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Alzax3
01-08-2007, 05:57 PM
Just took my Corsa in for its MOT - PASSED :D :D :D (didn't require me to spend a fortnight under it welding it all back together like the Fiesta Courier RUSTBUCKET)

Talked to the very helpful inspector bloke about Nova chassis problems (someone near here has one where the whole floorpan, including 3" drops is held together entirely with pop rivets, not a weld in sight.) His take on that was that so long as there were no seat belt mounts in the affected region, depending on the quality of the construction, there might be no MOT problem. That goes against all the 'must be continuous bead welded' theory that I've always heard. Anyone else come across this? If he's right, it's going to save me doing a lot of welding for someone........

Peter
01-08-2007, 06:03 PM
That is his very generous take on it, the book says continuos weld or spot weld.

Ben
05-08-2007, 10:27 PM
Hi all

I am a approved Vosa inspector for HGV's.

A pop rivet is a no go for me as made from alu they do weaken with age.

Ben

adrenaline
25-03-2008, 07:10 PM
but the floor pans on a nova aren't structural like a cill on an ordinary car might be.....??

Alzax3
25-03-2008, 07:19 PM
No they aren't, (though they are probably supporting your seats, and if they give up the outer edge of the pan is supported by habbit rather than structure) but that doesn't stop the MOT man from covering himself by demanding continuous welds. You might find one who doesn't but I don't see the point in risking it.

Ben
25-03-2008, 11:22 PM
Hi all

We have to live with blame culture and MOT man covers his back. But they will let you get away with a lot if you can simply explain an MOT repair to the chassis.


Ben

jimcub
26-03-2008, 12:37 AM
If the pans were carpeted and stuck down, how would he see what the fixing method was. I have seen some very untidy pop rivets, so would not want to be a Fred Flintstone at 50mph.
It's always a weld for me, continuous at that.

Alzax3
26-03-2008, 09:14 AM
Um, they look from underneath, Jim - and if they think shoddy work has been hidden with underseal, they'll scrape it off.......

jimcub
26-03-2008, 10:01 PM
If covered they would not show eg F/G, seen it done ( some scared me to death ) years ago, not all MOT people are as through as they should be, that's why some death traps are looking to kill some one today.

Alzax3
26-03-2008, 10:05 PM
True enough, but if they think that filler/fibreglass has been used to disguise poor construction, they can fail on that too.......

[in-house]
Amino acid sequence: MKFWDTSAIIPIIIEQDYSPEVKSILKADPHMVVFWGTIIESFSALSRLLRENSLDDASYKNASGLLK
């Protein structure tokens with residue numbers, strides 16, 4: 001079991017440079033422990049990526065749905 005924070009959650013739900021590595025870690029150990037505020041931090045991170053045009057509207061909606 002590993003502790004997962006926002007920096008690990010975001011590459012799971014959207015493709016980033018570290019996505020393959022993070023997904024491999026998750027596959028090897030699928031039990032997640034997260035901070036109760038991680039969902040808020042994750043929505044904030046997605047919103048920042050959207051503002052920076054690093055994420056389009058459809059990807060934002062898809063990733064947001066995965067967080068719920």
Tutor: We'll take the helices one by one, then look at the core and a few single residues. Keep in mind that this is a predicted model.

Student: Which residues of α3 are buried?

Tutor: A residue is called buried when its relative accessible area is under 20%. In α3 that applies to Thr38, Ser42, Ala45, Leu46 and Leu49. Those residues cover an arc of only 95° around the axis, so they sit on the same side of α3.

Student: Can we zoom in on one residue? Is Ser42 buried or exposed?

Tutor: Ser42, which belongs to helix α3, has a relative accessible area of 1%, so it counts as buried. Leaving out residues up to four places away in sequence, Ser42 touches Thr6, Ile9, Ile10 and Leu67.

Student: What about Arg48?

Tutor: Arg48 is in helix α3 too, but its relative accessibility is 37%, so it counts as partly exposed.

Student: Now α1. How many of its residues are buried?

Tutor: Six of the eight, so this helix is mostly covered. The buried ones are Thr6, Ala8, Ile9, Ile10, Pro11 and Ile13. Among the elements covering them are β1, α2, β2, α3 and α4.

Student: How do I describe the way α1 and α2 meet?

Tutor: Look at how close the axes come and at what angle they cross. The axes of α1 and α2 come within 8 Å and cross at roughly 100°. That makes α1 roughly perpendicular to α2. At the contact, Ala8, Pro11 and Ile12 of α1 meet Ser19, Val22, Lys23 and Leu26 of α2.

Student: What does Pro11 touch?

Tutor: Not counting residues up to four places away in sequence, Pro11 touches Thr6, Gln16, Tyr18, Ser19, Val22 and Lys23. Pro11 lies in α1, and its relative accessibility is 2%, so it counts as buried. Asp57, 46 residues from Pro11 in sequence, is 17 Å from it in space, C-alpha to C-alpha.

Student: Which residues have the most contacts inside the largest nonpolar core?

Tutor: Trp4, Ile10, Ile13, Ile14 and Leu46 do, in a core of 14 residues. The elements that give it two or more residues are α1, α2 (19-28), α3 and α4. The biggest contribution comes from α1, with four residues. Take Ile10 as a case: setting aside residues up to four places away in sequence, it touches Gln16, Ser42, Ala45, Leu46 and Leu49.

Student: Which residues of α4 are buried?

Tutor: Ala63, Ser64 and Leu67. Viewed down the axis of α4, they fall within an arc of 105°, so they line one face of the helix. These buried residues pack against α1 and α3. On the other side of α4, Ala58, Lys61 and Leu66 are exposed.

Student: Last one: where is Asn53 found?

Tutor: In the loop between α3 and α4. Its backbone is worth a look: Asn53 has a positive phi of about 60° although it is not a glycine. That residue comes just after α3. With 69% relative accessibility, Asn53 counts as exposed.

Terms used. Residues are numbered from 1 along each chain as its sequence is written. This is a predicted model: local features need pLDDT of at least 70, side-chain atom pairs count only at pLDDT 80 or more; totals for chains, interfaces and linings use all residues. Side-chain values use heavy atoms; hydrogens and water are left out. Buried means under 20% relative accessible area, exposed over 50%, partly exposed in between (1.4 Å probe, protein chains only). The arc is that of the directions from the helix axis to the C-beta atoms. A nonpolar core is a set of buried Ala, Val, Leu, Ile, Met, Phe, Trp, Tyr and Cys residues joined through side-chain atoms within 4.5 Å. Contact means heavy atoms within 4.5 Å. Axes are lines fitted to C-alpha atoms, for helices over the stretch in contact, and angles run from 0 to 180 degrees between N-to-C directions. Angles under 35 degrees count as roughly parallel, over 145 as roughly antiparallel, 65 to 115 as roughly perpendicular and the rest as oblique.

Ben
27-03-2008, 12:55 AM
Hi all

I have a MOT mans hat on A good weld repair to the beetle pan is ok.
from the front. A weld repair to the front beem is a fail being a stress member.
Fiting a new headstock is ok with continuous weld OK.
If you have to weld the rear frame fork the car is scrap.


Ben

Spacenut
27-03-2008, 09:06 AM
I agree - at the end of the day, you might be able to get away with pop rivets, but would you feel safe driving with that set-up? I'm not sure I would. Having said that, I have heard of full-length fibreglass floorpans being made for Beetle chassis, on the basis that only the "spine" is structural, but the whole area of chassis integrity is very subjective, and pop rivets don't inspire confidence at MoT time!

Hi Ben - interesting to hear your views about front beam welding, how does that sit with cutting and welding in Swayaways? There's quite a few of them about...

... But I couldn't agree more about the framehead and rear horns - both of them are flimsy enough as it is, altough in theory a good weld should be stronger than the parent metal - it just doesn't give the right impression again...

Lauren

Big Birds Car
27-03-2008, 01:02 PM
Lauren, the dropped pan on Big Birds was originally riveted in place with some rather large rivets and from what I can gleen it wasn't the only one done like it. To compound matters and possibly at a later date (maybe after an MOT test, but I don't know) it was then brazed which was fun when I decided to do some mig welding. The rivets where solid bugg*** as I ended up grinding them off and even then they didn't become loose in the holes. They must have been put in with one of those scissor riveters or a power one.
The thing is when it comes to chassis they keep changing what they think is acceptible, I can remember when an inch of weld every six was ok, spot welds were fine as well now it is fully welded.
If you bonded in a glass floor to the tub and then bolted it around the perimeter with the floors cut out, isn't that a sort of monocoque affair?